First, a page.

A season of disorder


Whatever we call it, the winter blues affect almost all of us. Lack of light, lack of exercise, too much holiday food, and too many holiday bills are reasons for our seasonal disaffection, as the doctors call it. Not to forget colds and flus, sore throats and runny noses, slippery and sloppy streets, sidewalks to shovel, and plain old stress, we all suffer to varying degrees, and we had best not ignore the affliction. Whether it's severe or mild, it's there.

Yes, this is also the season of slowly increasing light levels; it is the season of skiing and skating, snowmobiling and snowshoeing, hockey, ice fishing, and snowballs. We all know we should be out there getting our exercise and our light, and we also all know the hassles of getting out and going in the great outdoors. Especially with young kids. Getting out is one of the best ways to fight the blahs, and to keep fighting them until March shows signs of spring on the way. Getting off to a beach in Cuba works, too.

Nevertheless, it is important that we remain aware of the fact that we are all suffering this season disorder. Why? Look around. Notice a little crabbiness at home, at work, at school, out on the road? Seasonal disorder can affect our spouses, partners, kids, co-workers, and our employers, and if we're not sensitive to it, we can't help these important people in our lives. We can also become targets for their frustration and moodiness. We can make statements or even decisions we later regret.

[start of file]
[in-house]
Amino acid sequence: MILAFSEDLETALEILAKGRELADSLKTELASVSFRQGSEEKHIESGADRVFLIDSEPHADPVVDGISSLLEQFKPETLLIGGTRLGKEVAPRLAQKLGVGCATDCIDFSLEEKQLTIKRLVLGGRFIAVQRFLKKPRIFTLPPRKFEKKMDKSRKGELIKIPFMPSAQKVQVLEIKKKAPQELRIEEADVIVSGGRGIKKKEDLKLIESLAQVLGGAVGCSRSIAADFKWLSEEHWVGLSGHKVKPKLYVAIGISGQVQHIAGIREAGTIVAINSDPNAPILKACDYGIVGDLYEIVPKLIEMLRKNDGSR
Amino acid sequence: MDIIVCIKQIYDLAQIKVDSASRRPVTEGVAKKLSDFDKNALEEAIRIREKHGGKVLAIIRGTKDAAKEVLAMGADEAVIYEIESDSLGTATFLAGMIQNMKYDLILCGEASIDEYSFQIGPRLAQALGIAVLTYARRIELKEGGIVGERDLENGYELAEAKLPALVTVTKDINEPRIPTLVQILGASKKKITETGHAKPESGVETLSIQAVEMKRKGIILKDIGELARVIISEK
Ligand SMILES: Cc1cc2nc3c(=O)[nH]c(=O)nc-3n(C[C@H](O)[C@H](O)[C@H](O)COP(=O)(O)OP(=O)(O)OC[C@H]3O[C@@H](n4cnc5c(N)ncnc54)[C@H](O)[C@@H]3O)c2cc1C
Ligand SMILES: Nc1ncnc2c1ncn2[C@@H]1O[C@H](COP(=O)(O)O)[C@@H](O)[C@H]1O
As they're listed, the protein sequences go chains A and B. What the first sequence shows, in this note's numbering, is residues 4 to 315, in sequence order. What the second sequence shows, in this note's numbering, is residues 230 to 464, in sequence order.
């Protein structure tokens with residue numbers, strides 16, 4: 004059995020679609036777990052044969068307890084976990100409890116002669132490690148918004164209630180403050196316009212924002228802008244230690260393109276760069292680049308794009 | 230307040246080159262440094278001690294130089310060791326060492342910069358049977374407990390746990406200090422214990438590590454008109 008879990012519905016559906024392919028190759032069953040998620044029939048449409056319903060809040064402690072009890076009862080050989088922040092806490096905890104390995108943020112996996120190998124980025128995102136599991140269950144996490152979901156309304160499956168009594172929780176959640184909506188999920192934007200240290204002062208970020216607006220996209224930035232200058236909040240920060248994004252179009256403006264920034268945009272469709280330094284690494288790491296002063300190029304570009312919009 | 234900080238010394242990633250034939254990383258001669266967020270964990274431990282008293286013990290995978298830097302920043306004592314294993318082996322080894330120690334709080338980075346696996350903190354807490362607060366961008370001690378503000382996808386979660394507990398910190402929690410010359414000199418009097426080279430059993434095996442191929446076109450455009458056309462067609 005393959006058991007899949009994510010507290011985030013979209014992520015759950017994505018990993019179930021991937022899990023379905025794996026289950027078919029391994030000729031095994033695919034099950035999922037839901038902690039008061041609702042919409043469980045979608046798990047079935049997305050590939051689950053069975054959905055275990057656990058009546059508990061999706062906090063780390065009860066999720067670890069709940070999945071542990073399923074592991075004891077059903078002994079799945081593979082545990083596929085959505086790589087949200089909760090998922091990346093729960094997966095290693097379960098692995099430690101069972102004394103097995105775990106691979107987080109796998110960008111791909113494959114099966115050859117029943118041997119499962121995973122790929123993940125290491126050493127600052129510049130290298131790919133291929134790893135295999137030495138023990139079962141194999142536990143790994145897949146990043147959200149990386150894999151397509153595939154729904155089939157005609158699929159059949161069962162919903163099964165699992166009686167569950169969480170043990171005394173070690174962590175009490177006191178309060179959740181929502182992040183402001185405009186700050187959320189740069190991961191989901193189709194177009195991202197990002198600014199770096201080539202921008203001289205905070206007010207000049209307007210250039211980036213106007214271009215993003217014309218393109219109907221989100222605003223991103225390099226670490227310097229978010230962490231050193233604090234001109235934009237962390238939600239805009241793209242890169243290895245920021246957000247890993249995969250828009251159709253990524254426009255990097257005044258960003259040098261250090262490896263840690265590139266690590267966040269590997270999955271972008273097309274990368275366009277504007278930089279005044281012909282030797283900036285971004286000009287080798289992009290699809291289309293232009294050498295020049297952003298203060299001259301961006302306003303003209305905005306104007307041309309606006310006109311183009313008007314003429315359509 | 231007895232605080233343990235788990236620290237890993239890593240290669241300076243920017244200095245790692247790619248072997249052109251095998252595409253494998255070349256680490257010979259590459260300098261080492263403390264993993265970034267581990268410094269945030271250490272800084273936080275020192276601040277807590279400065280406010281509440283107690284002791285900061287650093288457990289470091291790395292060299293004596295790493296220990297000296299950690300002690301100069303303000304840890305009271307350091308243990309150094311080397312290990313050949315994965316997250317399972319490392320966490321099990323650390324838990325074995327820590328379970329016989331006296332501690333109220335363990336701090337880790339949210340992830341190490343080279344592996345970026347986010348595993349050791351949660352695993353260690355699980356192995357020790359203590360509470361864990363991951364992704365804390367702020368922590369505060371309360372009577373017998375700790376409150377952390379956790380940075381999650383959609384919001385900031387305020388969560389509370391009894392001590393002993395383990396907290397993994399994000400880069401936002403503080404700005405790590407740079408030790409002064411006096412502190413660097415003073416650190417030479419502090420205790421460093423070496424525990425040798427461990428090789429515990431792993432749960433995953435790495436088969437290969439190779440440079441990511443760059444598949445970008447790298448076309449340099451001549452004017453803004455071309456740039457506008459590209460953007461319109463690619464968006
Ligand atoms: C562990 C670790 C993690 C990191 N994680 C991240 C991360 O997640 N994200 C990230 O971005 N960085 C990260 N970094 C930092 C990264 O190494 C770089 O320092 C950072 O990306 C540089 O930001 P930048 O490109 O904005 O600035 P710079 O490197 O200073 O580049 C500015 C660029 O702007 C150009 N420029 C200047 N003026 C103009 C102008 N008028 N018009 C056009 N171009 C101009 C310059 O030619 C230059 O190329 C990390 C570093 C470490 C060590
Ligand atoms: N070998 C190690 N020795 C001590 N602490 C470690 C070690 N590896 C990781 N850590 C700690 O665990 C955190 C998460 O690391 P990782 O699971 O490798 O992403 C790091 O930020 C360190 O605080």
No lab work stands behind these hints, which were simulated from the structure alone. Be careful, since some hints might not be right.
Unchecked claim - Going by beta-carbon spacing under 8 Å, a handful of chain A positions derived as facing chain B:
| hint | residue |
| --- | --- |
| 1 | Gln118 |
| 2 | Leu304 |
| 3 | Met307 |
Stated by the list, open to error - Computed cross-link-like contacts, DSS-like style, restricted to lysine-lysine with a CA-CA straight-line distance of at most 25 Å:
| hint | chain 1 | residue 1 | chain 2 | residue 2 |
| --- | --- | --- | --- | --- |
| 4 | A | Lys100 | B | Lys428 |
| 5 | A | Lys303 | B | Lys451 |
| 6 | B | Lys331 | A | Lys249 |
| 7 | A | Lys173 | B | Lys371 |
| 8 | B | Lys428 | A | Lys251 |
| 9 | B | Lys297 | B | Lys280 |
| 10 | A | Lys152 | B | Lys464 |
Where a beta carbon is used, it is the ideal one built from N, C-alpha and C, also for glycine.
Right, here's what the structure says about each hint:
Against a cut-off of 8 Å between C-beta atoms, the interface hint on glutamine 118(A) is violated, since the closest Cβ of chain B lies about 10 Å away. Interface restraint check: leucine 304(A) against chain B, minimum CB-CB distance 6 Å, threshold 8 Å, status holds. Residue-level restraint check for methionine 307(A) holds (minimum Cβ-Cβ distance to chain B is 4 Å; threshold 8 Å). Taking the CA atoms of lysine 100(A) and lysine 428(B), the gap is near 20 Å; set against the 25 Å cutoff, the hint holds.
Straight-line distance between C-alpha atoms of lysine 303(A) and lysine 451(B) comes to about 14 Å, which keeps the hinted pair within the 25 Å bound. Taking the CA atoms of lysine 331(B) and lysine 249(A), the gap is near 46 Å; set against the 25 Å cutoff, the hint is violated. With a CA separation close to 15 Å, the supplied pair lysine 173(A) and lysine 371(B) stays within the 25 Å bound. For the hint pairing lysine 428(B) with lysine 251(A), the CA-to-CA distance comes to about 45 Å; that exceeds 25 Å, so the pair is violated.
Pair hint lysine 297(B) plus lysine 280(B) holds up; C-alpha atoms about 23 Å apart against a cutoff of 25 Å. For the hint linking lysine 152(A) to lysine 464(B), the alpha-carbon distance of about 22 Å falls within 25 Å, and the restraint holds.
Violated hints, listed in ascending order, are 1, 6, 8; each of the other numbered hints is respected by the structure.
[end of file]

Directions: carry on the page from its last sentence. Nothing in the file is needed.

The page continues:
Most of all, if we are not sensitive to it, we can fail to notice it where it counts most -- in ourselves.

The symptoms vary with the individual, vary with the time of day, and with the season. Versions of depression are sure signs, but so are the lesser traits of crabbiness, withdrawal, disinterest in communication, over-eating, over-drinking, smoking, and all sorts of compulsive behaviours--or the opposite, a lack of interest in most things. These things translate into squabbles at home and at work, flare-ups, and a good deal of sulking and skulking. Knowing the source is critical.

Knowing a few responses is critical, too.

Understanding and empathy, these are the keys in dealing with our friends and loved ones. A little realism in face of our own low-grade suffering is also required. Depression makes everything look dark, including any understanding of the situation or attempt to deal with it. Taking our momentary feelings and reactions with a few grains of salt is a wise response, much better than taking them with a few too many drinks. Easy to say, difficult to do.

Long nights and cold days take their toll. Remember that.

Fred Ryan is publisher of Quebec's Aylmer Bulletin, West Quebec Post, and the Pontiac Journal. He is also a director of the Quebec Community Newspapers Association.

Copyright © 2003 Fred Ryan/Log Cabin Chronicles/01.03